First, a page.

‘We don’t know enough’
To figure out a better treatment for depression and de-addiction, there is still a lot to be understood about the brain, said Professor Eric Nestler, director of the Brain Institute at the Mount Sinai Medical Centre, New York on Tuesday.tech reviews Updated: Feb 03, 2010 01:19 IST
To figure out a better treatment for depression and de-addiction, there is still a lot to be understood about the brain, said Professor Eric Nestler, director of the Brain Institute at the Mount Sinai Medical Centre, New York on Tuesday.
“We still don’t know enough of the brain. There is a lot of basic research going on how the brain functions in the case of drug addiction and depression. But we can’t say there will be a targeted treatment in one month or even a year. It will take a long time,” said Nestler, who has been working on the neurobiology of depression and drug abuse in rodents, rats and mice for two decades.
Speaking to HT at the Tata Institute of Fundamental Research (TIFR) he said that while drug usage varies across countries, depression is universal with five per cent of the worldwide population being severely depressed.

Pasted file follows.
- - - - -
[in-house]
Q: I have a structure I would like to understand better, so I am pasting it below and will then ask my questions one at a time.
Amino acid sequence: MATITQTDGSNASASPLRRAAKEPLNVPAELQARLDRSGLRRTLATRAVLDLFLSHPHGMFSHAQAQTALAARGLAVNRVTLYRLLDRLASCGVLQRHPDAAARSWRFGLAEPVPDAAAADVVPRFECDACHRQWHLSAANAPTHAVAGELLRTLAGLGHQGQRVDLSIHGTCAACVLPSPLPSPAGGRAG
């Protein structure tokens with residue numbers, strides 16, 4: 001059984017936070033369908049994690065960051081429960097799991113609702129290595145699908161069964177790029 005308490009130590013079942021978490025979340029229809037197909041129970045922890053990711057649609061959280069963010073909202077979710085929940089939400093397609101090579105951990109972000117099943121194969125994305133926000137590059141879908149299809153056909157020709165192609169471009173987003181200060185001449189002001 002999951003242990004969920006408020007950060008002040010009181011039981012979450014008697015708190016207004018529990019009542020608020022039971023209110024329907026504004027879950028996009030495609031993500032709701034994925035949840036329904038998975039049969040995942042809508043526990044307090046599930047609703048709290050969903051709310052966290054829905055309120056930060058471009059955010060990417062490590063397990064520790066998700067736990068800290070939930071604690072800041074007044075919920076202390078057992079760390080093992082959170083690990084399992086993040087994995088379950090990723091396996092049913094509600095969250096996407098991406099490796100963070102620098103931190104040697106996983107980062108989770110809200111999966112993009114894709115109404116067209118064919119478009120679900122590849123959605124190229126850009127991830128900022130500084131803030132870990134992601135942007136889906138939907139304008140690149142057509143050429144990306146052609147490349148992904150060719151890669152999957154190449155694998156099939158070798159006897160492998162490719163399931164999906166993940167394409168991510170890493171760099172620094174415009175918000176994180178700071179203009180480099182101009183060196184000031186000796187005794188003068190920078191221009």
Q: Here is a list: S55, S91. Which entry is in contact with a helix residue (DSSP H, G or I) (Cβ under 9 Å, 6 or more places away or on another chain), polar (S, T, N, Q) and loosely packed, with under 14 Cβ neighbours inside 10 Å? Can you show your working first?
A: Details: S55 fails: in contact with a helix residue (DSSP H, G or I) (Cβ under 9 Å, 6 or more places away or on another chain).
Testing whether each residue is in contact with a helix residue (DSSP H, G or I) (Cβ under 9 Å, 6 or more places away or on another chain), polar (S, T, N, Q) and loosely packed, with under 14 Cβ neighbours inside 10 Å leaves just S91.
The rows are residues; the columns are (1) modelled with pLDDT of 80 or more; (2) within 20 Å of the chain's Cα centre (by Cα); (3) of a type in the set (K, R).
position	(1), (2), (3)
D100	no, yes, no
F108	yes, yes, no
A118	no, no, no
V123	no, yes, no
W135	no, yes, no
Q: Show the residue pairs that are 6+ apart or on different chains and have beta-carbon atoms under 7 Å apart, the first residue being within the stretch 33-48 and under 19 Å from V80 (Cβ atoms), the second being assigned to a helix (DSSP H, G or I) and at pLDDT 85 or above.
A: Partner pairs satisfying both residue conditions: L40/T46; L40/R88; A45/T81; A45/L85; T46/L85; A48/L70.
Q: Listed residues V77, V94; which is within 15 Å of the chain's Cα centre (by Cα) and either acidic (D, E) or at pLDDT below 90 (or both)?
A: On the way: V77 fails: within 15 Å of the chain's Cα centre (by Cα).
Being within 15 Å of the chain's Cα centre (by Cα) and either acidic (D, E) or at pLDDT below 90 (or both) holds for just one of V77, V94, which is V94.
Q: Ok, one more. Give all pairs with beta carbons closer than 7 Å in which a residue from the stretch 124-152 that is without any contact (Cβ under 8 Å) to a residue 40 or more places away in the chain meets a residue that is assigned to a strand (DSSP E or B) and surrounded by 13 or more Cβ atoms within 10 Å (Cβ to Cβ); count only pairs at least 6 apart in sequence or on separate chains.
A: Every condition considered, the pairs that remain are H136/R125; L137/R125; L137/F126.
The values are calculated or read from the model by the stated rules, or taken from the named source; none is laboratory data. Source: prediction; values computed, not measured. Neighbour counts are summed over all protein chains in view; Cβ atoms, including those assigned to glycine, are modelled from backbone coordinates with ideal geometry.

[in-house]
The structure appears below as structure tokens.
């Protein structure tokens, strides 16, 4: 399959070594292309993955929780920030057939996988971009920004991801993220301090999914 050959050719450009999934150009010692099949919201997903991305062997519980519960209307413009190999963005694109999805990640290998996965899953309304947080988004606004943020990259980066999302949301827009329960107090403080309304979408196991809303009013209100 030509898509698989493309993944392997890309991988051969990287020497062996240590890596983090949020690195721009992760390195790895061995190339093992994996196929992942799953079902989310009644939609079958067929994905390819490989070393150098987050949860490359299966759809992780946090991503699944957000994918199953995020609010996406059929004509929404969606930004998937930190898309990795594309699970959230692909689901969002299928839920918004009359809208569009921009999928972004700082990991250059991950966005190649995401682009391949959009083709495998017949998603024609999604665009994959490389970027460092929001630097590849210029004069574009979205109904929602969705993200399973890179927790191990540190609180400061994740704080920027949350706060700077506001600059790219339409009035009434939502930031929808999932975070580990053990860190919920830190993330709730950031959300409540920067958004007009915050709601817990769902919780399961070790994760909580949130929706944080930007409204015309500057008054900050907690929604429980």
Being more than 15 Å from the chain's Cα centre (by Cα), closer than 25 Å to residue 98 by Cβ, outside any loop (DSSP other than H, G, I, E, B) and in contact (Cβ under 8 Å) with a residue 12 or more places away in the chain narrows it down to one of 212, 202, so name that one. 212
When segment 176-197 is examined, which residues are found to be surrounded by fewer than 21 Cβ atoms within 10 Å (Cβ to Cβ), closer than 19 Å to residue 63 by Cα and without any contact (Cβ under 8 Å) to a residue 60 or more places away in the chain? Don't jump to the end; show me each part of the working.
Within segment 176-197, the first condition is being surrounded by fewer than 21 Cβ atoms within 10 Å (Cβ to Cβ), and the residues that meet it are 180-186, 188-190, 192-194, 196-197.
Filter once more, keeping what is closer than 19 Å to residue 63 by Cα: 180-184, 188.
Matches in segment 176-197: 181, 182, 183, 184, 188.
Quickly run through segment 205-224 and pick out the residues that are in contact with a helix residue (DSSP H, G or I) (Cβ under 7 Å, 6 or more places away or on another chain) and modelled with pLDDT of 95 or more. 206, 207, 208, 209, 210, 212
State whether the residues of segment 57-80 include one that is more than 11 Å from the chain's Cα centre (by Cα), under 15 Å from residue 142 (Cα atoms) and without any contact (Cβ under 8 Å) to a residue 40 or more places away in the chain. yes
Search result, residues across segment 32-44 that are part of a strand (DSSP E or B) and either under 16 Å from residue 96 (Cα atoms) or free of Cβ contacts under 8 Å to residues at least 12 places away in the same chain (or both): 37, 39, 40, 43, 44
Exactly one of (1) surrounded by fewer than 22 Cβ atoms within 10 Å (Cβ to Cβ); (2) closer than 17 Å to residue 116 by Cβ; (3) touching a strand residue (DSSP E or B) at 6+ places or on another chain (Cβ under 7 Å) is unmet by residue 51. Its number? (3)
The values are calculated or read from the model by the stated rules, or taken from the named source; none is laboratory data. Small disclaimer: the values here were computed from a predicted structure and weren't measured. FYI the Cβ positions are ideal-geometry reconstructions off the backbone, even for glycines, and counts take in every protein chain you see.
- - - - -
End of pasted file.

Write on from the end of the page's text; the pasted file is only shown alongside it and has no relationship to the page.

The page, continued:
“Drug abuse and depressions are prevalent illnesses that alter pattern of gene expression and the current treatment is inadequate. So, we are studying mechanisms underlying them to create a roadmap for effective treatment that can target specific genes that interfere in the process,” said Nestler.
“It is believed that social interactions cause addiction. But half the risk is genetic similar to cholesterol or diabetes. Research is on to find addiction risk genes.” According to him, the other half is due to stress, pressure situations and sexual abuse – the more subtle reasons.
From talking on parts of the brain related to addiction and why the brain has such regions, the Nash Family Professor of Neuroscience will also touch upon how drug abuse corrupts areas of the brain.
“Drugs such as cocaine and Ecstasy decrease the size of nerve cells that makes the chemical messenger dopamine to lower the functioning of these cells,” he said. Addicts are also less receptive to natural rewards like food, sex and social interactions and depend on drugs.
(Nestler will give a public lecture on the ‘Biology of Addiction’ on February 4 at the TIFR at 5 pm)